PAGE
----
“The use of computers in health care is no longer a question for discussion and debate. Their application in nursing is a reality in many centers … “@Cite(HannahKJ88a “, p. 263”). With this opening statement, Hannah presents a concise overview of the use of computers in nursing practice. The primary applications are in the support of nursing documentation, patient care planning, and patient monitoring. Nurses must spend a considerable amount of time documenting the care they are giving to their patients. In non-computerized environments, this involves writing the nursing notes in longhand.
These notes report on the treatments, medications, procedures, diagnostic tests, and other components of the patient’s health and activity over a certain period of time. In computerized environments, the documentation process can be automated through the use of standard reporting forms and checklists that allow the nurse to use various computer interface modalities to quickly enter the information concerning the patient. Menus, windows, pointing devices, or cursor keys can be used to select standard items from lists, while specific data (such as numeric values) can be entered via a keyboard.
This automated documentation process not only saves time, but it also increases the accuracy of patient information and makes it more readily accessible for diagnostic or statistical analysis. Computerized patient care planning can be implemented in a manner similar to the documentation process noted previously. Since standard lists of nursing diagnoses and interventions for particular patient problems have been prepared for almost all areas of nursing, it is not too great a leap to present these items via computer so that they can be selected and associated with particular patients.
The Advantages of Computers in Nursing Stock of Medicines * One of the major advantages of computers in nursing is that a basic system permits the nurses to have an updated record of the pharmaceuticals the hospital have in stock. Therefore, when making inventories, the process is much faster and accurate in order to always have a full stock of all the medicines needed to treat patients. Computers also allow making a description of each medicine, including side effects, composition and uses. Clinical Records.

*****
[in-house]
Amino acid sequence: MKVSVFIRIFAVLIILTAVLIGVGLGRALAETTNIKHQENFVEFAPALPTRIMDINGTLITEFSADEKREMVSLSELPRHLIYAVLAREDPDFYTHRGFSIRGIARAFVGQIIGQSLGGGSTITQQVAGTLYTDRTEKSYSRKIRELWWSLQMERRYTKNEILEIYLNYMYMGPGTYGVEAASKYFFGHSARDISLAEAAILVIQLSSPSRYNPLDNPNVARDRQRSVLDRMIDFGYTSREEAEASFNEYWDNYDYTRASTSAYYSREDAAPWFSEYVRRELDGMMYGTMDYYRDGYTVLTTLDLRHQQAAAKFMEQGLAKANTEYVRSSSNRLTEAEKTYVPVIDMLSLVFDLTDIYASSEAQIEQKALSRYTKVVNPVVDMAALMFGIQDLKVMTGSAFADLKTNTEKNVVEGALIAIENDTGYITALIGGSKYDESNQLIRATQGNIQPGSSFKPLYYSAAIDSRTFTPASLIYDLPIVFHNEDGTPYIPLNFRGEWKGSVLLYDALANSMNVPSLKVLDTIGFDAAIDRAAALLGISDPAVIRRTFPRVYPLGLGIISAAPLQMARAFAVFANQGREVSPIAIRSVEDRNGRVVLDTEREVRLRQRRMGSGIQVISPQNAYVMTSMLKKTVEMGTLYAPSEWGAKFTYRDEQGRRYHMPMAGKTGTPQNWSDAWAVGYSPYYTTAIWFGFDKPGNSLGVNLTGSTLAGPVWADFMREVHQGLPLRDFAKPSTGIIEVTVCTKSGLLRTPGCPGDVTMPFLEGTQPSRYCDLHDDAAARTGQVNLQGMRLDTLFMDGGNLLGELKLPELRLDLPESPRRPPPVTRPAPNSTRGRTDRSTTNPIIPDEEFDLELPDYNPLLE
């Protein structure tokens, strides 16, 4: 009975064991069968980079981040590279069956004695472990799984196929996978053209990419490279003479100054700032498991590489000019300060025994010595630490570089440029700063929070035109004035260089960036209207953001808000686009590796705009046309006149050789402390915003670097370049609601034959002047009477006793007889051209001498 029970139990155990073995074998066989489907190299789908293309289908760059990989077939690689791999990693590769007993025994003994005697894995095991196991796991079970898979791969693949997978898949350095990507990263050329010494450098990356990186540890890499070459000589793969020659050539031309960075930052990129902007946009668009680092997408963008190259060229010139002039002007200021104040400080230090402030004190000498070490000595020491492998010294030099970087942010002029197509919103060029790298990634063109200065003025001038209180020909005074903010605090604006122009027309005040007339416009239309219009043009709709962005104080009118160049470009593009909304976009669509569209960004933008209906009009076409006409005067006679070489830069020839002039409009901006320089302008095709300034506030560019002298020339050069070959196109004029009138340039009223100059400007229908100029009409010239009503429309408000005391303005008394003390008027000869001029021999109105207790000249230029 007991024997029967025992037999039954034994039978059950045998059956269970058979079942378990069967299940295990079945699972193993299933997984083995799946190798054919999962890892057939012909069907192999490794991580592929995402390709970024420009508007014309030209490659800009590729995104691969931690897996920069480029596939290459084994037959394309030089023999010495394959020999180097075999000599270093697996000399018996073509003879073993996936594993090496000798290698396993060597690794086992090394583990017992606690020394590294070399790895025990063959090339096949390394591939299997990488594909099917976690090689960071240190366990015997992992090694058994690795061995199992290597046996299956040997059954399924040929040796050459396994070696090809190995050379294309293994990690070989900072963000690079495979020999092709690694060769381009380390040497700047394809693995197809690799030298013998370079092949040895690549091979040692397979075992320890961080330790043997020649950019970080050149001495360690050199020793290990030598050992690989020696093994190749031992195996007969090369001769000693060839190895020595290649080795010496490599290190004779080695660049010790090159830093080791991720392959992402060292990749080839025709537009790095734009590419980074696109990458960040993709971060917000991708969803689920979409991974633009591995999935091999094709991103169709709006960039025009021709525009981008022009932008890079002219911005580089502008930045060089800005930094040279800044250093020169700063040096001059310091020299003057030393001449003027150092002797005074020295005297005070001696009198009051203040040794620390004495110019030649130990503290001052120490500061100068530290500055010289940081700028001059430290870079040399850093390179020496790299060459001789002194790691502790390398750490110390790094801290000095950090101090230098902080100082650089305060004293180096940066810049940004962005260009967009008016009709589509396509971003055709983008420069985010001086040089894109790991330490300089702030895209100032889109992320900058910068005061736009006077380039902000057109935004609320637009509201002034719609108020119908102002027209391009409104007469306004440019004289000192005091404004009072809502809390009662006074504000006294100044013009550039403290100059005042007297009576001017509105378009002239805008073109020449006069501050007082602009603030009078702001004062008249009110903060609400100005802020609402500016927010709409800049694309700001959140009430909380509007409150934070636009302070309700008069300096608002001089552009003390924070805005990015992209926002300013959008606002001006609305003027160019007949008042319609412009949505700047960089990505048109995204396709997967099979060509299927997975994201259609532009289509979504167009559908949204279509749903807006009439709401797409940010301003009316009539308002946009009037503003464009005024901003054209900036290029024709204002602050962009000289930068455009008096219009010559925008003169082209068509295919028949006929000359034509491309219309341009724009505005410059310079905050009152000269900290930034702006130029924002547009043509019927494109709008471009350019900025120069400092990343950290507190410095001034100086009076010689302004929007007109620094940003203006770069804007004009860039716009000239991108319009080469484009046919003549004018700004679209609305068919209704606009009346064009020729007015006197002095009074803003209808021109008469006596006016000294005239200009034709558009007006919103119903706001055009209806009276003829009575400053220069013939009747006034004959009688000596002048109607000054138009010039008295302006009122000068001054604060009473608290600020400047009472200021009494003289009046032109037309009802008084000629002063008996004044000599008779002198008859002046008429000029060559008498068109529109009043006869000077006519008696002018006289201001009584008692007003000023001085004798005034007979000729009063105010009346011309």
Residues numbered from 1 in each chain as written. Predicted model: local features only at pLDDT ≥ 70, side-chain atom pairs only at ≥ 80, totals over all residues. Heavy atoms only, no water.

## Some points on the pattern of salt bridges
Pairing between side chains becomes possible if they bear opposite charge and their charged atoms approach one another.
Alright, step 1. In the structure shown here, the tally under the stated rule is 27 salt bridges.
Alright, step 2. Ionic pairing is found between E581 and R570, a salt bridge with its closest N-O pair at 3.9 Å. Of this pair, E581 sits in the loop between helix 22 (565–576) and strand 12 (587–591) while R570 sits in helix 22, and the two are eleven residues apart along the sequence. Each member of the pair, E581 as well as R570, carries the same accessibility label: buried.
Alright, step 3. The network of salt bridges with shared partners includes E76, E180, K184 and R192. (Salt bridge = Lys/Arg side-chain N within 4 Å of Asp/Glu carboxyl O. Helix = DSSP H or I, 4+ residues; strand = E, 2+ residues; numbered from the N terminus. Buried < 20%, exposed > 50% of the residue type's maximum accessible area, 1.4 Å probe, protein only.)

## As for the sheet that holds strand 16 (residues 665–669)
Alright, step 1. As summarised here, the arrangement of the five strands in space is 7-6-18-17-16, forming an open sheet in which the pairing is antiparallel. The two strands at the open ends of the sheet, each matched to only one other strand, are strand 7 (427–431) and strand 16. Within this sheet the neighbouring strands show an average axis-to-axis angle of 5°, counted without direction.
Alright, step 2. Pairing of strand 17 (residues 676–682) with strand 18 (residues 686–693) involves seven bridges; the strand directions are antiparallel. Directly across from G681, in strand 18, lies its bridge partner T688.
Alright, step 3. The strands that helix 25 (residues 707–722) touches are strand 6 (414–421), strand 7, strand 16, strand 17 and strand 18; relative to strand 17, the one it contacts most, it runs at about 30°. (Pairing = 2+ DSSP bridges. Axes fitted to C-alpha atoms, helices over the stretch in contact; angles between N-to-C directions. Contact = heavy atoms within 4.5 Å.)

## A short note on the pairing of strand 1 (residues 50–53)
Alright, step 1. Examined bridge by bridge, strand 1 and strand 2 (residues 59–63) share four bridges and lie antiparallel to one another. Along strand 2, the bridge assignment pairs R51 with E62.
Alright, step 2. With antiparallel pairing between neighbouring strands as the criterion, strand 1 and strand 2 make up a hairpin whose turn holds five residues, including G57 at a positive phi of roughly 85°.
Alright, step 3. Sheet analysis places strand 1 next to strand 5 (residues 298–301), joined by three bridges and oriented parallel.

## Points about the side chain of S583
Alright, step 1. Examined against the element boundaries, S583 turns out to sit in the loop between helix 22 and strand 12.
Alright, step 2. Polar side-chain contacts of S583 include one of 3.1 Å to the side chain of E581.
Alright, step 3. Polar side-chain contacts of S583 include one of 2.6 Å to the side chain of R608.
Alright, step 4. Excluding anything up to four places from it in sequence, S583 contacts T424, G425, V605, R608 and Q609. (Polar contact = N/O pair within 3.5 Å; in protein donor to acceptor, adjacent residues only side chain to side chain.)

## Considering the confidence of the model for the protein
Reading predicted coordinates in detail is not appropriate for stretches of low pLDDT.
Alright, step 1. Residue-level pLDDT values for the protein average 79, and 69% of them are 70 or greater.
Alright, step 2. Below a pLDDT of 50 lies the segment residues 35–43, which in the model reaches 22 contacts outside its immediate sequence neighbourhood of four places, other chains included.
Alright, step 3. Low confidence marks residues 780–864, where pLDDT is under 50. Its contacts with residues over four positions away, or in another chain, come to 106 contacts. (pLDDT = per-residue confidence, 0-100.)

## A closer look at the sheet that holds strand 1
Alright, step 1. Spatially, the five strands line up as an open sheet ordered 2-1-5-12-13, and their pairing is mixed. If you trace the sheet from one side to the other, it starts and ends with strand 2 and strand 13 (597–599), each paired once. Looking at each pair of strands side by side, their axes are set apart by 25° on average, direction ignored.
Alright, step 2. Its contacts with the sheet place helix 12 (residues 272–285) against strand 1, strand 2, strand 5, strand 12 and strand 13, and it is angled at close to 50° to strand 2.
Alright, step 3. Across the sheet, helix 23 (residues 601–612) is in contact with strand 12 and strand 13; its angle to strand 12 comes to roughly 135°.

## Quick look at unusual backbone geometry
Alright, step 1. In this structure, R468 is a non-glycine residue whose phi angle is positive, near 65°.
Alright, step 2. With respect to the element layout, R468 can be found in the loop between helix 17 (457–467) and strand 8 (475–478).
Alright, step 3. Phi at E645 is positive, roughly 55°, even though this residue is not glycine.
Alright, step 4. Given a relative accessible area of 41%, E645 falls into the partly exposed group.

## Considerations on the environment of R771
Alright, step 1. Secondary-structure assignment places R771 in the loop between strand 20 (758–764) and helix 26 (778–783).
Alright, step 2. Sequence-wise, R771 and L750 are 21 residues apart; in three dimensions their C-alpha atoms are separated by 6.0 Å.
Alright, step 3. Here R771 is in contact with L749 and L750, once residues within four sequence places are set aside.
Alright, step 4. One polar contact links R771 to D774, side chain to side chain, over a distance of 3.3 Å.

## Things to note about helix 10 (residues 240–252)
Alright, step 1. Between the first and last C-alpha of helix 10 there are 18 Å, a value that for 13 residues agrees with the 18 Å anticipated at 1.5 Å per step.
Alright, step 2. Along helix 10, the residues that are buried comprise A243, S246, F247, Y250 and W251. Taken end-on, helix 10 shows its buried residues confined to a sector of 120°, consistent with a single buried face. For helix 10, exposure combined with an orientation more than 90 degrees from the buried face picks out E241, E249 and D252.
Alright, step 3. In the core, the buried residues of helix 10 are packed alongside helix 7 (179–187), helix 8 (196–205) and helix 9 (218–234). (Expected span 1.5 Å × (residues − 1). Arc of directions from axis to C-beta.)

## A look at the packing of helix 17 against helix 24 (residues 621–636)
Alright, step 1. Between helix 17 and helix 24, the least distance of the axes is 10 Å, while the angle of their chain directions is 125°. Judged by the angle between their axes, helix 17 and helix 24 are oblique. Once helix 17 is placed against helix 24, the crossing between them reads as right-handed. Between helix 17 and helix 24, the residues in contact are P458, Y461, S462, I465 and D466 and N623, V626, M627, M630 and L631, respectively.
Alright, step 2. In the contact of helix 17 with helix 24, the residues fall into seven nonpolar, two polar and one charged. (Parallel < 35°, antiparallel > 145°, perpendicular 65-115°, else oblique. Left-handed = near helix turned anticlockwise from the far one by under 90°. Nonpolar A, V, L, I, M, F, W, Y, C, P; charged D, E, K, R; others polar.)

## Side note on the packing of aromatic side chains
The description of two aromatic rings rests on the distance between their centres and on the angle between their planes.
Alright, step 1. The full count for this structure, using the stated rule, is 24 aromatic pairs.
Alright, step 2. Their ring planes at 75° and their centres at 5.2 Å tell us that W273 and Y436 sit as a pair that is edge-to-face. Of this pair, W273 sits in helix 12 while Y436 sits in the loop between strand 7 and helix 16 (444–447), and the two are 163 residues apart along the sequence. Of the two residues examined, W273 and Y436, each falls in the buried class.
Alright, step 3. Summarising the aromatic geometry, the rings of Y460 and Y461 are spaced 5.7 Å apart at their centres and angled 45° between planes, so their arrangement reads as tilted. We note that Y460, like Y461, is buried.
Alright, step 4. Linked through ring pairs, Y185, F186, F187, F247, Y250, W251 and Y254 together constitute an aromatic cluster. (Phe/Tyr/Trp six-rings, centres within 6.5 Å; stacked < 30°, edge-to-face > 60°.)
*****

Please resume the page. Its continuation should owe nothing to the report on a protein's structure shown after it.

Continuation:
* Computers allow nurses to get the patient’s clinical records in a matter of minutes. It’s not necessary for nurses to wade through stacks of papers and files anymore. Also, if the patient has ever been treated in a specific medical institution, the hospital interconnected network allows nurses to ask online for their patient’s clinical records and receive an immediate response. This is very important when treating a patient since knowing their pre-existng conditions is a matter of life or death. Improving Patient Treatment and Follow-ups.
* Nurses often use computers to take full notes on how a treatment is progressing. By placing notes on the patient dosage, with reminders about giving medicines, nurses ensure the proper treatment of a patient. Statistics show that even when there’s human error involved when treating patients, these have been reduced to a minimum. If a medication has not been released, the computer makes a notification so that the nurses can address this issue in a timely manner. Research * Computers in nursing today contain huge medical libraries open to research and study.
Nurses, during their college years and when working in a hospital, need to keep updated constantly. Online data bases of medical cases from all around the world, medicine researches, and treatment comparisons are essential to their professional growth. The Disadvantages of Computers in Hospitals Cost * One of the biggest drawbacks of adding computers to hospitals is the cost. Computers cost money, and a large hospital needs many computers to keep the system running smoothly. Creating a network to transfer medical records or keep track of billing is an additional initial cost.
Unlike paper records, which simply require a few more copies, electronic record keeping requires constant upkeep of computers, computer software and other electronic elements, which can cost even more. Security * If your doctor or hospital is switching to computers or electronic record keeping, you’re probably worried about the security of your medical records. Paper records are kept in a doctor’s office or a warehouse, but once computers are added to a hospital, electronic record keeping typically follows.
Once electronic record keeping is begun, medical information is usually added to a closed computer network, but as long as an Internet connection comes into the network, the system is vulnerable to outside sources, opening the debate to questions about patient privacy and medical record security. Lack of Standardization * From a hospital point of view, one of the biggest disadvantages of adding computers and electronic records to a hospital is the lack of standardization through the medical field.
Different hospitals use different shorthand abbreviations or symbols on medical records than others. Even the codes called out during emergencies don’t always mean the same thing in every hospital. If a medical record is transferred from another hospital or the system becomes open so hospitals can share information, the lack of standardization in hospital notes and records could cause problems when it comes to a medical professional’s understanding of the medical record. BY SHINY. R (Shiny. n12).